The training presentation was developed by “a local garrison employee,” the statement read, and “these slides will no longer be used and all future training products will be reviewed to ensure they align with the current DoD anti-terrorism guidance.”

Shoemate said this type of ideological information is increasingly being pushed in military service academies and institutions of higher learning.

“It's an ideology. It is this idea to push through through all outlets in the American purview this idea that anything right of center — which they call, of course, extreme right-wing — is very frowned upon in the military now,” Shoemate said. “One of my favorites that we got years ago was from an older brigade commander out of Fort Benning who told a roomful of company commanders that references to the Constitution are a dog whistle for white supremacy.”

The presentation brought immediate condemnation from National Right to Life, which called it “deeply offensive” and contrasted it with the Biden administration’s support for unlimited abortion.

“In a presentation that is deeply offensive to pro-life Americans across the nation, Fort Liberty promoted outright lies about National Right to Life in a demonstration of lazy scholarship,” NRL president Carol Tobias said in a statement. “In our over 50-year history, National Right to Life has always, consistently, and unequivocally condemned violence against anyone.”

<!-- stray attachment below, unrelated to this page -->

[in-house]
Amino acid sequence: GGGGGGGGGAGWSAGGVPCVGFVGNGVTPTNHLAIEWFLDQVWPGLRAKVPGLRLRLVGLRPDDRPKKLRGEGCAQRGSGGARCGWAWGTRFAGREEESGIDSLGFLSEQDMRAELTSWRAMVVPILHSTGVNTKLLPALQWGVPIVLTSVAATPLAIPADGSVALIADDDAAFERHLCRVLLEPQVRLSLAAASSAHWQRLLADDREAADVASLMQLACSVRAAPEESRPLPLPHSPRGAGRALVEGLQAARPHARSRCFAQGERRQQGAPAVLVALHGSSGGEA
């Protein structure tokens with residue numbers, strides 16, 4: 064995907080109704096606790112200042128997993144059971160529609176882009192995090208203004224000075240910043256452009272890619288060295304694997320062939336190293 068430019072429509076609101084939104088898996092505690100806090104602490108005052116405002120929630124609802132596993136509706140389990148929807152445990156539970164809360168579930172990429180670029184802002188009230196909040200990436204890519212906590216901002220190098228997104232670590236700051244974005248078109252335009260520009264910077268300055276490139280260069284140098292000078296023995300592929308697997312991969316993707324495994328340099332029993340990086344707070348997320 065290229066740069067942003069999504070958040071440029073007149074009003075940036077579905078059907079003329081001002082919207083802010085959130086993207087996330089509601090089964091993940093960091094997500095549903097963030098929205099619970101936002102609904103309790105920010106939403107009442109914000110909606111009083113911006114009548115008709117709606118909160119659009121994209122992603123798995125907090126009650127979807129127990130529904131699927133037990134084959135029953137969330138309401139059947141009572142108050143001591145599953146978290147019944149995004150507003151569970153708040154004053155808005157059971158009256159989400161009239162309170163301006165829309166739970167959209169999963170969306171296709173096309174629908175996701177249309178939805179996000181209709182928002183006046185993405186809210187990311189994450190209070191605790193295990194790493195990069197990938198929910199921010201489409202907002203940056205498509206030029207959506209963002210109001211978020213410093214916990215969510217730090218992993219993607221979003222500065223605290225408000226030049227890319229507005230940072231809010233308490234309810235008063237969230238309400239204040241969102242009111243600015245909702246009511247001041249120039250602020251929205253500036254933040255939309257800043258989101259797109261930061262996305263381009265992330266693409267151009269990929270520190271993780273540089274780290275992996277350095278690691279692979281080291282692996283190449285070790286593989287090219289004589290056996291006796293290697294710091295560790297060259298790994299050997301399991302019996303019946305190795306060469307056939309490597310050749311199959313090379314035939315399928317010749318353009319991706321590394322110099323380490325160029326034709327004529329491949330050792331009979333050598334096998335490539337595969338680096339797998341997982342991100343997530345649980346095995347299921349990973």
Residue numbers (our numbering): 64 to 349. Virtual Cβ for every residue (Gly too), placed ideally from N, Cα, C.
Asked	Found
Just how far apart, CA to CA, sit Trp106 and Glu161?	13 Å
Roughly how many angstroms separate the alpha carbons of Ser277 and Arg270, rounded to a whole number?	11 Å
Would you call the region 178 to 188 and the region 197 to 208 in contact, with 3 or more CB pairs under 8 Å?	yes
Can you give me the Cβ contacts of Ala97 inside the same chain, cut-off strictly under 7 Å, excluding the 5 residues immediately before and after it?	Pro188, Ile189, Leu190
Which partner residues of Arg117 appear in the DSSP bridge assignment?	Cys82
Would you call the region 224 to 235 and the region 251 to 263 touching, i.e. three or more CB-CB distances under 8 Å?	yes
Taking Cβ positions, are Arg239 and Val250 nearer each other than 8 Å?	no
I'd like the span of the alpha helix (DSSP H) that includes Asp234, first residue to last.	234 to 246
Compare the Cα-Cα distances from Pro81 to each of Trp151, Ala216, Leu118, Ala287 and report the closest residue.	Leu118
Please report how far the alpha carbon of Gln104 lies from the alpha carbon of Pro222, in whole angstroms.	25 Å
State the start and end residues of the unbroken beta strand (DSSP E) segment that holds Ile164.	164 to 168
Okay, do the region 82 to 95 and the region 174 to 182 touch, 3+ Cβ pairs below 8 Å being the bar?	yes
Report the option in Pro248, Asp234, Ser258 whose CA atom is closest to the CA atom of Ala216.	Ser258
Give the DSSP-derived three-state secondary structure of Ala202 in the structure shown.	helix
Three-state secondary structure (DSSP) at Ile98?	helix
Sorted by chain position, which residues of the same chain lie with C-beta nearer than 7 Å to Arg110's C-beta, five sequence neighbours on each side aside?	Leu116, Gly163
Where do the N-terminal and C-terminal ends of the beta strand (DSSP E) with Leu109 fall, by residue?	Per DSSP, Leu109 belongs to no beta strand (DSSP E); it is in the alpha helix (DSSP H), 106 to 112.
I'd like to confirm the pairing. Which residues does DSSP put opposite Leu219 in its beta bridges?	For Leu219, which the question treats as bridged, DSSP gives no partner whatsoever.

'The DOD has pegged us as domestic terrorists for a long time.'

Tobias questioned “how a license plate that raises funds for pregnancy resource centers could be construed as a symbol of terrorism.”

“Only under the Biden administration can peaceful law-abiding citizens and their peaceful activities be considered ‘terrorism,’” Tobias said. “The Biden administration promotes the deaths of preborn babies and advocates for unlimited abortion, but peaceful pro-life Americans are labeled ‘terrorists.’”

Fr. Frank Pavone, national director of Priests for Life, said the type of language used in government training materials is meant to chill speech and discourage people from going to abortion clinics and peacefully praying for unborn babies and their mothers.

“It’s not extreme to try to save children,” Pavone said, “and yet this is their rhetorical game.”

The DOD has a history of besmirching pro-life groups, according to Dan Miller, state director of Pro-Life Wisconsin near Milwaukee.

“The DOD has pegged us as domestic terrorists for a long time,” Miller told Blaze News. “Pro-lifers in general have been listed as domestic terrorists by the Obama administration. There was a small blip with [President Donald] Trump in there, but now with [President Joe] Biden, they’re back to the same old game.”